In life this imposing herbivore—called a nodosaur—stretched 18 feet long and weighed nearly 3,000 pounds. Researchers suspect it initially fossilized whole, but when it was found in 2011, only the front half, from the snout to the hips, was intact enough to recover. The specimen is the best fossil of a nodosaur ever found.
Nearly six years later, I’m visiting the fossil prep lab at the Royal Tyrrell Museum in the windswept badlands of Alberta. The cavernous warehouse swells with the hum of ventilation and the buzz of technicians scraping rock from bone with needle-tipped tools resembling miniature jackhammers. But my focus rests on a 2,500-pound mass of stone in the corner.
Technology created the possibility of and opportunity for the communal-living movement. While advancements like cars, television, phones, the internet, and Postmates have motivated us to be apart, the technology industry itself is forcing us together in the most literal way. Cities where tech companies are putting down roots — Los Angeles, Austin, New York, the Bay Area, Seattle — are experiencing housing crises. Home ownership is a distant dream for most of the people who live in these cities and work in this industry. Hell, renting an apartment alone is out of reach for most. So we live together. We find roommates on Craigslist, move in with our romantic partners earlier than is advisable, or, maybe, we turn to communal living centers like the Nook or Common.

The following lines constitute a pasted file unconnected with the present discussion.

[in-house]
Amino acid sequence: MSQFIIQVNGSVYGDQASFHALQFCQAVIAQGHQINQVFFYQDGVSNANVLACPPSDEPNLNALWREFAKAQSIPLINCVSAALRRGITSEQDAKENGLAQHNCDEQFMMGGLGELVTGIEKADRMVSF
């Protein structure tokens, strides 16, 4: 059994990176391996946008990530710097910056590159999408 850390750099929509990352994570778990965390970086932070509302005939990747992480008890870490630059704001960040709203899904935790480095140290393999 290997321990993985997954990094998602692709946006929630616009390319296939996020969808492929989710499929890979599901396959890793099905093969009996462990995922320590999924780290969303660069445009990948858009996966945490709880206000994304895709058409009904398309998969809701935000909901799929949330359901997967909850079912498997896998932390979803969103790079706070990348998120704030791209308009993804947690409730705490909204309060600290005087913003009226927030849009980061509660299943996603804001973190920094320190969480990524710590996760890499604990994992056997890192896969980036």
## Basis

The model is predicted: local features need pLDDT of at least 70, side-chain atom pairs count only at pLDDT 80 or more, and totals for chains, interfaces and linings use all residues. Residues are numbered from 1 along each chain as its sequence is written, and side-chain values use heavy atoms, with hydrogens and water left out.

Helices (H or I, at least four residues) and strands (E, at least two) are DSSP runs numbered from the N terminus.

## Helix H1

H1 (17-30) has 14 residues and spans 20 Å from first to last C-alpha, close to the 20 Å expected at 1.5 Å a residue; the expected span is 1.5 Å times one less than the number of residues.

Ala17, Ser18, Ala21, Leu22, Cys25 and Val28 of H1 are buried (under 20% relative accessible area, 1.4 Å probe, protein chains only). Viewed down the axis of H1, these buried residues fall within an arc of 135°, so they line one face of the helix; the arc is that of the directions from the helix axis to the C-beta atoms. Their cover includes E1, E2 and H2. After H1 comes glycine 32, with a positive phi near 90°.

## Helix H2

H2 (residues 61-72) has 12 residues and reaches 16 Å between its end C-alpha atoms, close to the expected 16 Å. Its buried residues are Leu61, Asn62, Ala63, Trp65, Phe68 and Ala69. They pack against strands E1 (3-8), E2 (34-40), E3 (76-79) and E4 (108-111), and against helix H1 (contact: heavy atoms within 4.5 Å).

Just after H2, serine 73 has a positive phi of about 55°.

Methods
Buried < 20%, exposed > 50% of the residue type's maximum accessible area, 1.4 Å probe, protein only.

“I didn’t set out to start a company in the cohousing space,” says Common founder Brad Hargreaves. “I just saw a need for people in New York who live with roommates. Developers aren’t thinking of them, and they certainly aren’t building for them … but it’s a huge part of the population.”
The painful verdict is all but indisputable: The golden era of Pixar is over. It was a 15-year run of unmatched commercial and creative excellence, beginning with Toy Story in 1995 and culminating with the extraordinary trifecta of wall-e in 2008, Up in 2009, and Toy Story 3 (yes, a sequel, but a great one) in 2010. Since then, other animation studios have made consistently better films.
Let me begin by stating that this is a perfect book.
I don't say this lightly. It's perfect in the way that excellent clockwork is perfect: intricate, precise, and hiding all its marvels in plain sight. Imagine a clear box full of interlocking gears and springs and pulleys — you can follow all their movements, trace every tooth's bite, but what it produces in chimes or bursts of colour and light are mysteries to surprise and delight you.
Keller is a successful chef, with no firsthand grasp of what it’s like to be a woman or a person of color, and he did what a lot of people do when something they love is criticized: He stripped his critic of her unique experience and viewpoint so he could re-center himself in the discussion. I’ve had this exact conversation in kitchens and dining rooms; I’ve watched as chefs and servers and diners uncomfortably squirm as I speak about something that’s specific to me as a black, female hospitality worker.